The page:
Pakistan is rejoicing in its latest achievement on the issue of climate change. The country has been successful in attaining the Sustainable Development Goal Target 13: Climate Action, a decade earlier than the 2030 deadline. Pakistan is ranked fifth among countries most vulnerable to the effects of climate change. Therefore, Pakistan’s achievement on SDG 13 looks like great news on the climate front. But what exactly does achieving SDG 13 mean?
SDG 13, referred to as ‘Climate Action’, urges countries to “take urgent action to combat climate change and its impacts”. The United Nations specifies a range of actions and goals that need to be completed to fulfil SDG 13. A country’s progress on SDG 13 is measured on integrating climate change measures into national policies, strategies and planning. Compliance with SDG 13 also requires countries to adopt and implement national disaster risk reduction strategies in accordance with the UN-specified Sendai Framework for Disaster Risk Reduction 2015-2030.
It is important to recognise that SDG 13 measures a country’s commitment to climate action, in terms of what it sets out in formal governance policies, and not the effect of these policies in terms of measurable outcomes. While the mainstreaming of climate-compatible development in government policy documents is an important milestone, it is only a means to an end, not the end in itself.
Unpacking the indicators that measure Pakistan’s progress on climate action presents a more disconcerting story. A 2017 report by Pakistan’s federal Ministry of Planning, Development and Reforms shows that six of the seven indicators used to compute SDG 13 are global indicators. These global indicators include data, such as the number of countries that adopt national disaster risk reduction strategies; the amount mobilised by developed countries for addressing climate-financing needs of developing countries under the Green Climate Fund; the extent to which climate change funds from developed countries are directed to least-developed countries and small-island developing states.
The only country-specific data that is used to measure progress on goal 13 is the number of deaths and directly affected persons attributed to disasters per 100,000 of the population. SDG 13, thus, seems like a jumble of global climate action indicators, with local disaster-related statistics thrown in as the country-specific indicator.
Pakistan has surely fulfilled much of its SDG 13 responsibility. The country passed its first ever National Climate Change Policy in 2012 and ratified the Paris Agreement in 2016. The commitment of the current government to the Billion Tree Tsunami programme, Clean and Green Pakistan initiative, Protected Areas Initiative and Ecosystem Restoration Fund are also laudable.
Pakistan’s commitment to climate action was erroneously attributed to the halt of imported coal projects under the China–Pakistan Economic Corridor (CPEC) signed by the previous government and replacing them with new clean energy projects. However, some back-of-the-envelope calculations using the data on CPEC energy projects suggest that out of the 12,488 megawatts (MW) of planned energy projects, 8,220 MW – a staggering 65% – is from coal-based projects. Hydro, wind and solar projects together make up 45% of the total planned MW increased in energy production under CPEC. In 2018, the current Pakistan Tehreek-e-Insaf (PTI) government halted projects based on imported coal. However, some imported coal projects such as the Gwadar coal project were allowed to continue because of their “strategic” importance. Leaving out the Gwadar coal project, more than 96% of the investment in coal is based on local coal sources anyway, thus discrediting the government’s claim to fame for resisting development of coal-based energy.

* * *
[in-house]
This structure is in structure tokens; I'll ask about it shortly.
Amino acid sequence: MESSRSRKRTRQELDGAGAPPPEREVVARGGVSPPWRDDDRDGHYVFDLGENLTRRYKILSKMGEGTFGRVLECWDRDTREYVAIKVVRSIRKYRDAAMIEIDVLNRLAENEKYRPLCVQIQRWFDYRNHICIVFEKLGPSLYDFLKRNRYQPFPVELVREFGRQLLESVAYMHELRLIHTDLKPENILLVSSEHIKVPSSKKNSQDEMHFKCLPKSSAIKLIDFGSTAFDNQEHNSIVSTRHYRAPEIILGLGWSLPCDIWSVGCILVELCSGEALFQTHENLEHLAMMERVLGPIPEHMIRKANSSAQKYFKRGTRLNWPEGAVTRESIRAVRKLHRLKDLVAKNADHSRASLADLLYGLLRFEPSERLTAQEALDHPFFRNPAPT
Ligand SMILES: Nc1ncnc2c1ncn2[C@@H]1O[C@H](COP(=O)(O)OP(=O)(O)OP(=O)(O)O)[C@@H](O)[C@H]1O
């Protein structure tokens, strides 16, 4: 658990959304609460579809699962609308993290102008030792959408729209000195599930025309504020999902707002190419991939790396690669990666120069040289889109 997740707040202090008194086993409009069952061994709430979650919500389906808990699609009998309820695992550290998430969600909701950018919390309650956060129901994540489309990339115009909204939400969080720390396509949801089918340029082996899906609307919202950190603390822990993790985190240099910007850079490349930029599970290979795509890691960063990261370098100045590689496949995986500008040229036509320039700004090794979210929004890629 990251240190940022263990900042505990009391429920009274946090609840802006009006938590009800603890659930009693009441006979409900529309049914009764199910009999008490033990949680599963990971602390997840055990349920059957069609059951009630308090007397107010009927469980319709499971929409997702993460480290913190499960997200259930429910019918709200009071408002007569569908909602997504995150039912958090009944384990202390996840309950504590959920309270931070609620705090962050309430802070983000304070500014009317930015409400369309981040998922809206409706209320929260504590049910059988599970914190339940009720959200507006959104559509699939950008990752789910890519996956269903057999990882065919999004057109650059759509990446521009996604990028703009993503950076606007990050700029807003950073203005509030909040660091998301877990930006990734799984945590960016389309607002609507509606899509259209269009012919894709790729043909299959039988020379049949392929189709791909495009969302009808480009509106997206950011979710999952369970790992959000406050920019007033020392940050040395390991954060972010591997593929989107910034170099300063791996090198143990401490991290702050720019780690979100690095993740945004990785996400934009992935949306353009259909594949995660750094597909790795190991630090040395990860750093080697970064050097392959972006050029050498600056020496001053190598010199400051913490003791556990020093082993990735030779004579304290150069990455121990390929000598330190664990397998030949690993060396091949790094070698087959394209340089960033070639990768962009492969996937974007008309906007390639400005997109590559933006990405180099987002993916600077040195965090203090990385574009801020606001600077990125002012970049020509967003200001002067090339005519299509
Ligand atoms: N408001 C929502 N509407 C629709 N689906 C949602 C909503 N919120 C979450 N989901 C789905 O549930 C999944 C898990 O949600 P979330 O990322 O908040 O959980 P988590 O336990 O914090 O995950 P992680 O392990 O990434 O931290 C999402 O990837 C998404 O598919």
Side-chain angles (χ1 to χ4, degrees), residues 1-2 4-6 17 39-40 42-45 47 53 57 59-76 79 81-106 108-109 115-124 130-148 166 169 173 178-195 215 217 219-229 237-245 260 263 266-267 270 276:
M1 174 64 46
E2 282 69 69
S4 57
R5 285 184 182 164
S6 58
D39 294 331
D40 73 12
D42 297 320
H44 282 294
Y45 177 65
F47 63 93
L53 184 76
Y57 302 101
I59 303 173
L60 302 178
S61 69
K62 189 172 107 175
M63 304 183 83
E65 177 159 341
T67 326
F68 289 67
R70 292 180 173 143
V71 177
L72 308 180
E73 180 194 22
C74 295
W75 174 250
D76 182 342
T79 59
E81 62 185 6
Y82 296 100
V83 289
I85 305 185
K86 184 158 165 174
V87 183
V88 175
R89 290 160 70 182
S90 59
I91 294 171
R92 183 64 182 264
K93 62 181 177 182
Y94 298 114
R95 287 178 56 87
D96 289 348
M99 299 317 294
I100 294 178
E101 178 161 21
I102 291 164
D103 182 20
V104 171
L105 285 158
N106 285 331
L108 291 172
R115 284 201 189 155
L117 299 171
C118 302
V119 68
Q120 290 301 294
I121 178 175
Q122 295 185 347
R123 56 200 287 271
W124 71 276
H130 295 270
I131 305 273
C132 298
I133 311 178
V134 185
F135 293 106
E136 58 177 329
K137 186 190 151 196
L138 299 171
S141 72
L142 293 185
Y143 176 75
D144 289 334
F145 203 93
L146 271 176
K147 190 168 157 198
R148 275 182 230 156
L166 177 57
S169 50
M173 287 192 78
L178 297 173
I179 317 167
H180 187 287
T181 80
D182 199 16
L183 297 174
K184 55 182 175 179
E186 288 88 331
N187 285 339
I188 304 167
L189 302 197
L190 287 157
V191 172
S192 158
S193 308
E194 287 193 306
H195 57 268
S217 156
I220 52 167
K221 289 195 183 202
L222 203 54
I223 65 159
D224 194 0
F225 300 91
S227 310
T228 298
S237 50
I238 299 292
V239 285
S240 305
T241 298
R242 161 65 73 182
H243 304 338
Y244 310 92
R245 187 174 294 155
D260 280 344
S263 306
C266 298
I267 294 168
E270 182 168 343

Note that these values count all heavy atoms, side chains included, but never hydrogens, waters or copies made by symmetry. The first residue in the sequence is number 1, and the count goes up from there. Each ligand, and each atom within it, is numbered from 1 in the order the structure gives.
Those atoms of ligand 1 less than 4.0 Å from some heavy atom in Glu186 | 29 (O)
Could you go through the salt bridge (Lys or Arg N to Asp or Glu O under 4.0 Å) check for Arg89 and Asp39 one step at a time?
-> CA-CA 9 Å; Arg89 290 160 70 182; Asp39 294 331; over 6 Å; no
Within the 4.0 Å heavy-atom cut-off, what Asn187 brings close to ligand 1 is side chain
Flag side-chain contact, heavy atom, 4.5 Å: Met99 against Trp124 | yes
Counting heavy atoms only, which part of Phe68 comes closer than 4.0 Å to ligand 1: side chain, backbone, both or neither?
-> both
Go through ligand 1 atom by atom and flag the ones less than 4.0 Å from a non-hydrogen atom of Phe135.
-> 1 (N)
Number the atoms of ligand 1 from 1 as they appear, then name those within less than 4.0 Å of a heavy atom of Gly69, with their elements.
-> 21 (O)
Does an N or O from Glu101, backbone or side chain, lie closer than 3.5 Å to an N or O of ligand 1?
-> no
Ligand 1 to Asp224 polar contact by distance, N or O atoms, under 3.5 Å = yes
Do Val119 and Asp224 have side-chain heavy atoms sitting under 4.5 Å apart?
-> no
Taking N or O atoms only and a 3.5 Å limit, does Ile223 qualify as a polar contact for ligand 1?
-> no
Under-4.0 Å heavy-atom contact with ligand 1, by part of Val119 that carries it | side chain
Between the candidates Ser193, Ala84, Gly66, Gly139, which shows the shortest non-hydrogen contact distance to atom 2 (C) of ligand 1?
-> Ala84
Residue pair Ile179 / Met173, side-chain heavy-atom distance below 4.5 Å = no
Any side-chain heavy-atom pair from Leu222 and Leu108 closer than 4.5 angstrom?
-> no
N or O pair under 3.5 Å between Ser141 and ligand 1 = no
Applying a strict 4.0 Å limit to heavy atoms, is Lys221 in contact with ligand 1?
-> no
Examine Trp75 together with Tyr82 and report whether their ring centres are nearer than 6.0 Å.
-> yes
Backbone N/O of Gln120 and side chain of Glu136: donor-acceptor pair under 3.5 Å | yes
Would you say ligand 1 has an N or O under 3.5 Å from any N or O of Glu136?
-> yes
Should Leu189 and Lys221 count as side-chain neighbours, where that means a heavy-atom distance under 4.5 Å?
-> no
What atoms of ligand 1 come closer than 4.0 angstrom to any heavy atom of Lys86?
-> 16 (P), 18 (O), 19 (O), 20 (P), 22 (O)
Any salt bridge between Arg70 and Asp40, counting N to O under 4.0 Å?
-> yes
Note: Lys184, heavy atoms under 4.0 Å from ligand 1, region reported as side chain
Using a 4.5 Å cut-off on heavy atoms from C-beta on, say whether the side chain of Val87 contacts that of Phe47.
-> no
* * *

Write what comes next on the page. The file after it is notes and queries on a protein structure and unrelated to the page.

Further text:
There surely seems to be a discrepancy in what the Pakistani government is professing as the hallmark of “climate action” and what is happening on the ground. Pakistan’s urban air pollution is among the worst in the world, with reported numbers of pollution indicators much higher than the World Health Organization guidelines. Emissions from vehicular and industrial sources along with waste burning contribute to a worsening environment and climate change. Yes, the country has passed its electrical vehicle policy in an effort to reduce vehicular emissions, but its efficacy in curbing emissions remains to be seen, especially in the face of pushback from the auto industry.
Ultimately, it appears that SDG Goal 13 is a rather empty goal, with fluffy indicators that merely point towards a country’s commitment to climate action without any measurable indicators that record actual progress. The achievement of SDG 13 by displaying a formal commitment to climate change will change little on the ground in terms of the lived reality experienced by Pakistan’s citizens. Our people will still be dying of respiratory illnesses produced by an economy that is highly dependent on fossil fuels.
Fazilda Nabeel is a doctoral researcher at the University of Sussex in the UK